Titanic Construction Facts

Titanic Construction

The Titanic Construction facts tell us that the Titanic was built in Belfast by the ship building company Harland and Wolff. 

The company was owned by Lord Pirrie, a friend of Bruce Ismay, managing director of the White Star Line. ( White Star Line commissioned the Titanic). The chief designer of the Titanic was his son-in-law, Thomas Andrews. 

Titanic Facts:
When was the Titanic built?

  • Construction of the Titanic began on 31 March 1909, when her keel was laid.
  • Harland and Wolff had to make alterations to their shipyard (larger piers and gantries) to accommodate the giant liners, Titanic and her sister ship Olympic. The two ships were to be built side-by-side.
  • Where was the Titanic built in the Harland and Wolff Shipyard? Titanic’s yard number in the shipyard was 401. The construction of the Titanic took place on Slipway No 3 under the Arrol Gantry.
  • The Titanic sister ship, RMS Olympic was already three months into her build on the slipway beside Titanic.
  • Titanic Construction Facts show the keel which was laid on March 1909 was important to the builders because Harland and Wolff would receive the first payment from White Star.
  • Steel plates were riveted onto the ribs of the ship which formed the frame of the hull. Many riveters ended up with hearing problems in later life because of the noise they endured while driving home rivets.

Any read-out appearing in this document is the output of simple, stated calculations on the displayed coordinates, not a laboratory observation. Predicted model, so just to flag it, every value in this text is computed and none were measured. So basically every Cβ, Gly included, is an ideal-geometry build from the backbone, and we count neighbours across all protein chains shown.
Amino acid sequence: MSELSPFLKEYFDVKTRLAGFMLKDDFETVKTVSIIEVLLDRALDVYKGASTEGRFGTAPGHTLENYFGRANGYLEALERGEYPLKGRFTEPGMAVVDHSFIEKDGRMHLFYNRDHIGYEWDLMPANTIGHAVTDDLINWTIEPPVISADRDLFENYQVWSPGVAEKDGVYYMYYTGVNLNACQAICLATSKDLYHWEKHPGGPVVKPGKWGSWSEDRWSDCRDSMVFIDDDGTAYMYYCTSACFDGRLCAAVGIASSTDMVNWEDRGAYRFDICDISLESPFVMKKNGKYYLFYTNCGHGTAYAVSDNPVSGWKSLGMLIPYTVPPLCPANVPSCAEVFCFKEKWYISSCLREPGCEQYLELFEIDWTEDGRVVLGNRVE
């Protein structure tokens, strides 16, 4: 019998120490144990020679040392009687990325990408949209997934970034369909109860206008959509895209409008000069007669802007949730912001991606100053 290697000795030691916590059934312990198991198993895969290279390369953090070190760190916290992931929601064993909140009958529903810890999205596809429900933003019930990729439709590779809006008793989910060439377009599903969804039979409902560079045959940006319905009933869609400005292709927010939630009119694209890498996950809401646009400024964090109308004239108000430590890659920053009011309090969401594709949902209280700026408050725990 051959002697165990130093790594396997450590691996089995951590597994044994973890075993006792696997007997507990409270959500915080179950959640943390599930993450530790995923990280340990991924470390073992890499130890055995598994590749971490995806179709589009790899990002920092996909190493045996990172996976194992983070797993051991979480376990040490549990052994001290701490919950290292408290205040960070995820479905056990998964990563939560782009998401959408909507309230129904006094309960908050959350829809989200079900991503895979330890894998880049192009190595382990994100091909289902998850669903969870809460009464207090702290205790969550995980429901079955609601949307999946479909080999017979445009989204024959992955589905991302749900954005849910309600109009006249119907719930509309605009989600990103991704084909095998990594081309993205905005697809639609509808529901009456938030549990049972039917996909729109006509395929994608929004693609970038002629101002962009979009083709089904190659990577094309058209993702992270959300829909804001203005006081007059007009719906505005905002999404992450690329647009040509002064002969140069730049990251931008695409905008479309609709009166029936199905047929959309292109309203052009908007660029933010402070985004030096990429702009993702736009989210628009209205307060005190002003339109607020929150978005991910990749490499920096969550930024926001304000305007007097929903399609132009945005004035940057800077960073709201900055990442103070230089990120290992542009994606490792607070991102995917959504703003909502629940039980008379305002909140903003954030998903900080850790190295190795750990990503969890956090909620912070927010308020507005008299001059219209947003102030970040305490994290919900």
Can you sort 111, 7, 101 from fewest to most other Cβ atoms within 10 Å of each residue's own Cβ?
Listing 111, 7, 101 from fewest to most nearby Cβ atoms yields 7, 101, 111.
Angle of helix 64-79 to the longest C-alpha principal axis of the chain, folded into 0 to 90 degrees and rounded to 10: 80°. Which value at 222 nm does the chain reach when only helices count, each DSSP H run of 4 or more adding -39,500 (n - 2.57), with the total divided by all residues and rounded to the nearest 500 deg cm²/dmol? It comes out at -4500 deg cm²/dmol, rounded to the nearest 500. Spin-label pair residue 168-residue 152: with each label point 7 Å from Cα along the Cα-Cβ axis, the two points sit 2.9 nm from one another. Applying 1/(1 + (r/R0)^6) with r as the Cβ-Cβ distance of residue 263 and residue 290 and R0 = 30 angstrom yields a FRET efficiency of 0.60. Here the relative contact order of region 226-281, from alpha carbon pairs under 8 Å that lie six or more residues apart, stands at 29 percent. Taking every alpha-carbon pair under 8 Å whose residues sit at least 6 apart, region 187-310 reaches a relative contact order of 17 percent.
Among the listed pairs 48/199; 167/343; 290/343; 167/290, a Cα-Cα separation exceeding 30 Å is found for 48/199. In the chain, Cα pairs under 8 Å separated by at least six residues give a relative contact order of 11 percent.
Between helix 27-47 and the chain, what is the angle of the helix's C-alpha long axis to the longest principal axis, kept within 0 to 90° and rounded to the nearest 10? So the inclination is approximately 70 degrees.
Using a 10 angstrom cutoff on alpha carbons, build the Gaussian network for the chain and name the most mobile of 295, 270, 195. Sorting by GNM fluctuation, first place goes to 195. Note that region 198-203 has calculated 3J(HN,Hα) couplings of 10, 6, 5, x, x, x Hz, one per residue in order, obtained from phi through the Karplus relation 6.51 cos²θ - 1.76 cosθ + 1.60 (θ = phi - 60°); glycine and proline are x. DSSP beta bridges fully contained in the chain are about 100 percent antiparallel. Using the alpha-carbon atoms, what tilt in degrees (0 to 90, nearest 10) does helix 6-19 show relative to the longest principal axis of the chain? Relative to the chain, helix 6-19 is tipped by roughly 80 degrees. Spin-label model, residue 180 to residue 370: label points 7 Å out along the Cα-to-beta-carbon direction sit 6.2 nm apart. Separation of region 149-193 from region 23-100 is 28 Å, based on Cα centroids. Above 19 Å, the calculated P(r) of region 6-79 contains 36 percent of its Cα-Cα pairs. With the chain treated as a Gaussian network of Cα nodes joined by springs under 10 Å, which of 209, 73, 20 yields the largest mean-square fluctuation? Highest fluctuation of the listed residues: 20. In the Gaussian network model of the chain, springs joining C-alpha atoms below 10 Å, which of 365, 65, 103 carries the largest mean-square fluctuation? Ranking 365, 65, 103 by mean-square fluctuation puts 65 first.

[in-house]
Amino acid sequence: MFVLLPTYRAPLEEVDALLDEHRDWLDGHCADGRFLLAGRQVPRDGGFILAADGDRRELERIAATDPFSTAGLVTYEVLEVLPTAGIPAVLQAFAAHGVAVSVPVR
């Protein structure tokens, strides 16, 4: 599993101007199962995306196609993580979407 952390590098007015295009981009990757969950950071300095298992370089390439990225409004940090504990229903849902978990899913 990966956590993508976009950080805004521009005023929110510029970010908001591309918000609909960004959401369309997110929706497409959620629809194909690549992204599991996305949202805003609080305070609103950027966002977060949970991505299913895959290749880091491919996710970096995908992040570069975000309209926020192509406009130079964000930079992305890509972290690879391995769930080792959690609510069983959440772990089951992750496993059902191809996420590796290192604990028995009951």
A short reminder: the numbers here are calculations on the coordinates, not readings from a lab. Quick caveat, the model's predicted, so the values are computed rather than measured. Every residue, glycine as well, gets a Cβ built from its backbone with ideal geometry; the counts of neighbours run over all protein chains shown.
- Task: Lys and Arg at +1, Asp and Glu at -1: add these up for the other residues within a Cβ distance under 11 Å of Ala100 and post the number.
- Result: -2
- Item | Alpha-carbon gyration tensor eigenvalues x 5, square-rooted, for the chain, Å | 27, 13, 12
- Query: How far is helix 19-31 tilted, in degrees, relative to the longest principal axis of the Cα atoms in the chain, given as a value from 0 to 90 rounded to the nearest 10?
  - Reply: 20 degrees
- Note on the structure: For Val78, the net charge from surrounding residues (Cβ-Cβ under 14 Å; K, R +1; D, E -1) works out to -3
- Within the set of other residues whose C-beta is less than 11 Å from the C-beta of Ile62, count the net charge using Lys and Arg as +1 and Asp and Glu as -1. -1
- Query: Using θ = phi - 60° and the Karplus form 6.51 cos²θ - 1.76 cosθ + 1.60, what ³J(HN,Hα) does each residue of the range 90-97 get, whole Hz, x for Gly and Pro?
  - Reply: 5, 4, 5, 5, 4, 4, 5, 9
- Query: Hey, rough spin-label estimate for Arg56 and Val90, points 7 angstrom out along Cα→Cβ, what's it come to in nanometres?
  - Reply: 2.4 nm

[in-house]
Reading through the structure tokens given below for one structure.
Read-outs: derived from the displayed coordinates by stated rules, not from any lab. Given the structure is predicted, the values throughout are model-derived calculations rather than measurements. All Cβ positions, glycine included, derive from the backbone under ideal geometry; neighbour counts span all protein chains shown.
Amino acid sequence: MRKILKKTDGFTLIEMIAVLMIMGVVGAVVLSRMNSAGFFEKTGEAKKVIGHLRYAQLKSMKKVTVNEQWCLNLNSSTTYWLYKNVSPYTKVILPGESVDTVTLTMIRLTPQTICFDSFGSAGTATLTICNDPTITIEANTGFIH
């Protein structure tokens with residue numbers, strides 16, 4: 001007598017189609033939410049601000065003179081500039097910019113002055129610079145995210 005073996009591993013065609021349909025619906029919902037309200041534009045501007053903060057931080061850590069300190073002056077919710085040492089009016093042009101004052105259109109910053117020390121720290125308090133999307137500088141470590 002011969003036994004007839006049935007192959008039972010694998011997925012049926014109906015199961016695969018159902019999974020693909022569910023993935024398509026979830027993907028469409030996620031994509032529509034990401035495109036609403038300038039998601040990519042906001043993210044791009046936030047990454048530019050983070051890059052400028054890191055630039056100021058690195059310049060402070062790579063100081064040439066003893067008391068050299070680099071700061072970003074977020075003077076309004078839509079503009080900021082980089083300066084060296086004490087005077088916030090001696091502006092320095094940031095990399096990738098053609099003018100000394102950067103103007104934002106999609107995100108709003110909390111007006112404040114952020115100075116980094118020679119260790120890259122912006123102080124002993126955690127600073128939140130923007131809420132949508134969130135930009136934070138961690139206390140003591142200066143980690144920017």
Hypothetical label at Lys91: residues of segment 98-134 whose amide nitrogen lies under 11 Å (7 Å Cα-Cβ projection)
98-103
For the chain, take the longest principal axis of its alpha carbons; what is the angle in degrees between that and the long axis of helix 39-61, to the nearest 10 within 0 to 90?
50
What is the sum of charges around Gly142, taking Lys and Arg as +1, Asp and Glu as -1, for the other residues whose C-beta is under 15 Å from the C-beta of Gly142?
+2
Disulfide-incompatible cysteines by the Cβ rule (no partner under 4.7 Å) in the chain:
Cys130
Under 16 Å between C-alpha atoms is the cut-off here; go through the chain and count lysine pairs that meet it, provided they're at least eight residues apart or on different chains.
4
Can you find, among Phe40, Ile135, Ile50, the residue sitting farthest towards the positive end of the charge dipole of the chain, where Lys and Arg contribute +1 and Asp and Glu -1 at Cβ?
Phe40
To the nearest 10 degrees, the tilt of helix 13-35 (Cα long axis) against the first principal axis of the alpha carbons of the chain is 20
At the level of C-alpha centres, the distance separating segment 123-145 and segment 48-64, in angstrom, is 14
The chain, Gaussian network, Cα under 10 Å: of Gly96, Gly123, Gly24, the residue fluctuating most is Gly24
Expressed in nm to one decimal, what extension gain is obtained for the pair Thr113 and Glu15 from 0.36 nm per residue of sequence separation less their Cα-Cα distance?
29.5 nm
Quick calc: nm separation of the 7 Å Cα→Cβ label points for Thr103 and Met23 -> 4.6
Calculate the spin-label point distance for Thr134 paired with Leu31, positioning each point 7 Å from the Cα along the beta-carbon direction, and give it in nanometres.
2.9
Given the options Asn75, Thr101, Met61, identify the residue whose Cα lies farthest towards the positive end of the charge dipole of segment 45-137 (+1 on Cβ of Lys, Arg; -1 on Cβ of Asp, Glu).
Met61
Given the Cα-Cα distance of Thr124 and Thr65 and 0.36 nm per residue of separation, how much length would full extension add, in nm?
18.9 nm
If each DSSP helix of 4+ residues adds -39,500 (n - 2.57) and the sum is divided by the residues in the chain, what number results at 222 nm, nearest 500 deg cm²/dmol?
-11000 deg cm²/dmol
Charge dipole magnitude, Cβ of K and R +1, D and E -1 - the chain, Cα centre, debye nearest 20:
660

• 3,000,000 - the number of rivets used in the construction of the hull, a mix of iron and steel.
  • In 1912, skilled shipyard workers who built Titanic earned £2 per week. Unskilled workers earned £1 or less per week.
  • 14,000 - the number of men employed at the Harland & Wolff shipyard.
  • There were twenty-four double ended Scotch class boilers and a further five single ended boilers which were housed in six boiler rooms. The double ended boilers measured 20 feet long, with a diameter of 15 feet 9 inches and contained six coal burning furnaces. The single ended boilers were 11 feet 9 inches long with the same diameter. 
  • With all boilers firing the Titanic produced around 46,000 horsepower.
  • Thomas Andrew's original design of the Titanic was so efficient that it was originally conceived with only three funnels to service the massive boilers some 150 feet below.  White Star thought it a necessity a ship of such grandeur must possess four funnels in the final drawing of how the Titanic was built.  As a result only three of the funnels were functional and the fourth was purely aesthetic.  
  • The Titanic ship entered the dry dock in February 1912 to have her propellers fitted and her hull painted.
  • When the Titanic was built, the Hull would measure 882.9 ft in length and 92 feet in width and require at least 59 feet of water to float unobstructed.
  • The Titanic was equipped with a steam powered triple screw propulsion system to ensure it moved across the ocean at a respectable pace of approximately 22 knots but the blades were deliberately pitched at such an angle that the ship would not vibrate, discomfort or distract the passengers. 
  • The dry dock could hold 21 million gallons of water and was controlled by steam pumps. The pumps could empty the dock in just over an hour and a half.

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